Rebecca Saxe studies human social cognition, using a combination of behavioral testing and brain imaging technologies. She is best known for her discovery of a brain region that is specialized for “theory of mind” tasks that involve understanding the mental states of other people. Although it was known previously that the brains of humans and animals have regions that are specialized for basic functions such as vision and motor control, this was the first example of a brain region specialized for constructing abstract thoughts.
Saxe continues to study this region and its role in social cognition. She has shown that it is involved when we make moral judgements about other people, and she is also exploring its possible role in autism, a condition in which the ability to understand other people’s beliefs and motivations is often impaired.
Another theme of Saxe’s research is the development of the human brain during early infancy. She has developed new methods for scanning young babies, which she is using to study the emergence of specialized visual areas that respond selectively to different categories of stimuli, including faces and scenes. Her work has revealed that the large-scale organization of the infant visual system is surprisingly similar to that of adults. She is currently examining how experience interacts with the intrinsic wiring of the newborn brain to shape its subsequent development.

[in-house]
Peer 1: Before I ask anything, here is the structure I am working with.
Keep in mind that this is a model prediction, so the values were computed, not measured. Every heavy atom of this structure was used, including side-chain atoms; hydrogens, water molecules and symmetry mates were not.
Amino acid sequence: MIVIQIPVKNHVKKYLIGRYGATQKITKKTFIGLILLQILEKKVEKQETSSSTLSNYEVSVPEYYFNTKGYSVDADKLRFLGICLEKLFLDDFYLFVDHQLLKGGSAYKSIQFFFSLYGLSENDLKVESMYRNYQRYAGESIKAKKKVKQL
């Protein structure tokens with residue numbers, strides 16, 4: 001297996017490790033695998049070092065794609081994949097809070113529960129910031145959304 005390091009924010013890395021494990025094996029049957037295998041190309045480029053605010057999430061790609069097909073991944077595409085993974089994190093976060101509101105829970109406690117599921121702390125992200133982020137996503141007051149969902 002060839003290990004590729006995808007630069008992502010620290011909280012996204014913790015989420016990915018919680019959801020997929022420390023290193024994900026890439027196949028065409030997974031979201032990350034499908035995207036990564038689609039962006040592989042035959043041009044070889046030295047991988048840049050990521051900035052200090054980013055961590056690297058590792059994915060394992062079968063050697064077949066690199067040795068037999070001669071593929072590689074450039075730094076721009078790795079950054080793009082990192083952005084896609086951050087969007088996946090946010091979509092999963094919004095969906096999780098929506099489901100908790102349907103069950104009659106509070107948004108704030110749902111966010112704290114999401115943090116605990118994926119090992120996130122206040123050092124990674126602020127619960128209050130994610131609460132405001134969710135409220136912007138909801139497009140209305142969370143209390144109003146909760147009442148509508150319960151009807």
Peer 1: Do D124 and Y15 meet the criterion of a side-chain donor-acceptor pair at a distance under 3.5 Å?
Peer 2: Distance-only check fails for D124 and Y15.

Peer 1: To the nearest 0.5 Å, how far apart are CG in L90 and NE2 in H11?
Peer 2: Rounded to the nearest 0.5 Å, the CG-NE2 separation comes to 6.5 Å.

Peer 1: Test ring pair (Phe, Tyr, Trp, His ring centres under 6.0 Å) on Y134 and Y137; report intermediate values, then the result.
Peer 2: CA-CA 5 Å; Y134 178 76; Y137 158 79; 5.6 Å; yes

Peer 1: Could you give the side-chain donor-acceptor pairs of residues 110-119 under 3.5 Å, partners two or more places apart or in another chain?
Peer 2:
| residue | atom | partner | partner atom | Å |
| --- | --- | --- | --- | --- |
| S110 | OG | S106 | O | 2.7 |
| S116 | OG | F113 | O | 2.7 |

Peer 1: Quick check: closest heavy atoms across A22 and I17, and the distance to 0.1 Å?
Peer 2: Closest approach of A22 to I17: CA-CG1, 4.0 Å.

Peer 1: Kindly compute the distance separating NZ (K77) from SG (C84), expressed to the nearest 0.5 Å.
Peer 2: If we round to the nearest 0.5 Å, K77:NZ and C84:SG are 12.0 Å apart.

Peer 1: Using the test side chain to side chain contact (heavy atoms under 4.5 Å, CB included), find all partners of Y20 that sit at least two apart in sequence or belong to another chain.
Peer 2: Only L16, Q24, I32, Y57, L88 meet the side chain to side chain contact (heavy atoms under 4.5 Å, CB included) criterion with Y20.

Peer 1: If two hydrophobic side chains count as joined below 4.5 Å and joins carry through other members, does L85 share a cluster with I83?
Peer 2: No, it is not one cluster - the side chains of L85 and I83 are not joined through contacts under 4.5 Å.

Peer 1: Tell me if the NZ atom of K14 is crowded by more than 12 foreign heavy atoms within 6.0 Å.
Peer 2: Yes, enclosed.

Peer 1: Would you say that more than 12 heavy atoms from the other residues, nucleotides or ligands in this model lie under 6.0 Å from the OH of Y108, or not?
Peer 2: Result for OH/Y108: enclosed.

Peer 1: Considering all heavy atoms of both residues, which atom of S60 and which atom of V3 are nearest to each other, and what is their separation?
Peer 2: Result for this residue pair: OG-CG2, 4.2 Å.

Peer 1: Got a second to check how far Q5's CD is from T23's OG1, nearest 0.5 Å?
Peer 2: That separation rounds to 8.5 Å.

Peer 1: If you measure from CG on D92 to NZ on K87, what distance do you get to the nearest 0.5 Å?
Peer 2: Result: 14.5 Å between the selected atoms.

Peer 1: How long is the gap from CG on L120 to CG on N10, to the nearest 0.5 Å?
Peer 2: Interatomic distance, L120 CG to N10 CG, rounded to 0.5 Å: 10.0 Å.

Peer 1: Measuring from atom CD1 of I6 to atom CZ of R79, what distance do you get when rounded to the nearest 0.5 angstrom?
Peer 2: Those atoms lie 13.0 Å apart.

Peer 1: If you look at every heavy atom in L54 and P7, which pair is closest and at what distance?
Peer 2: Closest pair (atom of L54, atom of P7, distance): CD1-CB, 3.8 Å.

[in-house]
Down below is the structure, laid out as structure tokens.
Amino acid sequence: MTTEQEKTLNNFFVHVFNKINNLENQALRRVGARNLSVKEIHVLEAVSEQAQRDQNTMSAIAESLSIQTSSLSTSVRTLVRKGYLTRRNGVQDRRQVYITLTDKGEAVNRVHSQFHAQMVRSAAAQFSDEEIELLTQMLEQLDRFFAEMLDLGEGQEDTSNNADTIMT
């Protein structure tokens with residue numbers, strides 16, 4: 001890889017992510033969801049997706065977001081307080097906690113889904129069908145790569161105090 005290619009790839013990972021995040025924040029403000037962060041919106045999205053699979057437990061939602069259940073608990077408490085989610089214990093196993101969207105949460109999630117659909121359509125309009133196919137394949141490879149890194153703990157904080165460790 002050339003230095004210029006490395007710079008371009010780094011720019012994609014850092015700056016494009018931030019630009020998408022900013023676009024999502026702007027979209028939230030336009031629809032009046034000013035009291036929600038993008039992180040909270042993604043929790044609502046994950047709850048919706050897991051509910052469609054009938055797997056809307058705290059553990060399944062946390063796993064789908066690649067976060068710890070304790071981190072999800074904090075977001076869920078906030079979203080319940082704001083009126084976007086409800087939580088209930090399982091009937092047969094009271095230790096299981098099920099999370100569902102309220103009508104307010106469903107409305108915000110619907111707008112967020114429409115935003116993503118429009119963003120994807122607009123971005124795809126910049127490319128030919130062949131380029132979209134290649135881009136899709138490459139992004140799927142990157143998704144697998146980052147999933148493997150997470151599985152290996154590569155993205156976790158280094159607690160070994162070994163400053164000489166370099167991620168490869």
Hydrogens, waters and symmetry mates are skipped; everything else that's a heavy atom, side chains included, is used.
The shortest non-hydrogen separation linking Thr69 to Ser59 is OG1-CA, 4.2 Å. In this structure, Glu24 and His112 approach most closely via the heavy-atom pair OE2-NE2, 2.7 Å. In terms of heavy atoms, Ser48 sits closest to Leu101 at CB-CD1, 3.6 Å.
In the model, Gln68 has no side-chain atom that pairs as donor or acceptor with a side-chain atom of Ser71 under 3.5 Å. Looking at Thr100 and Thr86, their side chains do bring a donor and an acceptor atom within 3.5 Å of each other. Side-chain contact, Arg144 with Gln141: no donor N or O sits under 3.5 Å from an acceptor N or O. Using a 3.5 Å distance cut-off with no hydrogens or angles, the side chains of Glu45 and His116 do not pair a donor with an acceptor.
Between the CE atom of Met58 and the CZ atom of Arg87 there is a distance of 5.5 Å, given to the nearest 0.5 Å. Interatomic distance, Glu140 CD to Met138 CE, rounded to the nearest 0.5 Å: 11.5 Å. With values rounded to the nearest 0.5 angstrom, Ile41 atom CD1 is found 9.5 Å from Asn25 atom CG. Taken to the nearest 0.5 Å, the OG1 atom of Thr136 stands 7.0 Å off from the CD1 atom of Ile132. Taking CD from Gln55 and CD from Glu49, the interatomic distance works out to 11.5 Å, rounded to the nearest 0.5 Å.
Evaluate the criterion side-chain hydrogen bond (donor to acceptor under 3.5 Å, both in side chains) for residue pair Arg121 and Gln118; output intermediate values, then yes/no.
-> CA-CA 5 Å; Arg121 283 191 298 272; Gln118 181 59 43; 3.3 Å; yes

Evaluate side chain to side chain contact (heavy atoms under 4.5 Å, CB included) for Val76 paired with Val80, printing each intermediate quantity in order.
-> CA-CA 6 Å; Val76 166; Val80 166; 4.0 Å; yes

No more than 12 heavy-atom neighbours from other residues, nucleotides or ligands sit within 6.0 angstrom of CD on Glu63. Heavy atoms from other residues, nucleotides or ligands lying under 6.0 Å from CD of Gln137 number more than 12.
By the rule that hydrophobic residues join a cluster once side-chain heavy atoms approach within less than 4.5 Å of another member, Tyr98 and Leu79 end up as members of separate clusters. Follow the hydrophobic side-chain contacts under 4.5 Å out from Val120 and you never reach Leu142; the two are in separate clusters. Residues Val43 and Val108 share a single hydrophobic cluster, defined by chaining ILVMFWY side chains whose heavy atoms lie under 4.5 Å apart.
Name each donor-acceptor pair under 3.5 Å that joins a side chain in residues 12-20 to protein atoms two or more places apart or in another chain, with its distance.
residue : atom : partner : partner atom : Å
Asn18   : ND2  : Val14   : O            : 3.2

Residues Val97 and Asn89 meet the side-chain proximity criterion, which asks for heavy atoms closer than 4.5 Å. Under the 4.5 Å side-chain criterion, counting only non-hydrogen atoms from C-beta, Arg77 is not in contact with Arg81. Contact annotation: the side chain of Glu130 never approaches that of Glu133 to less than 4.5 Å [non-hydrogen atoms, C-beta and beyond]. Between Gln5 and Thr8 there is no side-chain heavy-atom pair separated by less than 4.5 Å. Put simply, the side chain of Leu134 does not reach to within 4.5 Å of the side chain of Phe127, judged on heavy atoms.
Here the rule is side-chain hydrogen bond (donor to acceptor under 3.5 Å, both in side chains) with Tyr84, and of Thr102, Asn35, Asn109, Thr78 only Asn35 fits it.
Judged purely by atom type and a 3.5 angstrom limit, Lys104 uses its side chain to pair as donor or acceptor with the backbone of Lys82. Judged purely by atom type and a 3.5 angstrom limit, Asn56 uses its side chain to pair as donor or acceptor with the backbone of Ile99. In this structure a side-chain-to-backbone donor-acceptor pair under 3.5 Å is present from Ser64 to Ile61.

Rebecca Saxe is an associate investigator of the McGovern Institute and a Professor in the Department of Brain and Cognitive Sciences. She obtained her Ph.D. from MIT and was a Harvard Junior Fellow before joining the MIT faculty in 2006. She was awarded tenure in 2011. Saxe was chosen In 2012 as a Young Global Leader by the World Economic Forum, and she received the 2014 Troland Award from the National Academy of Sciences.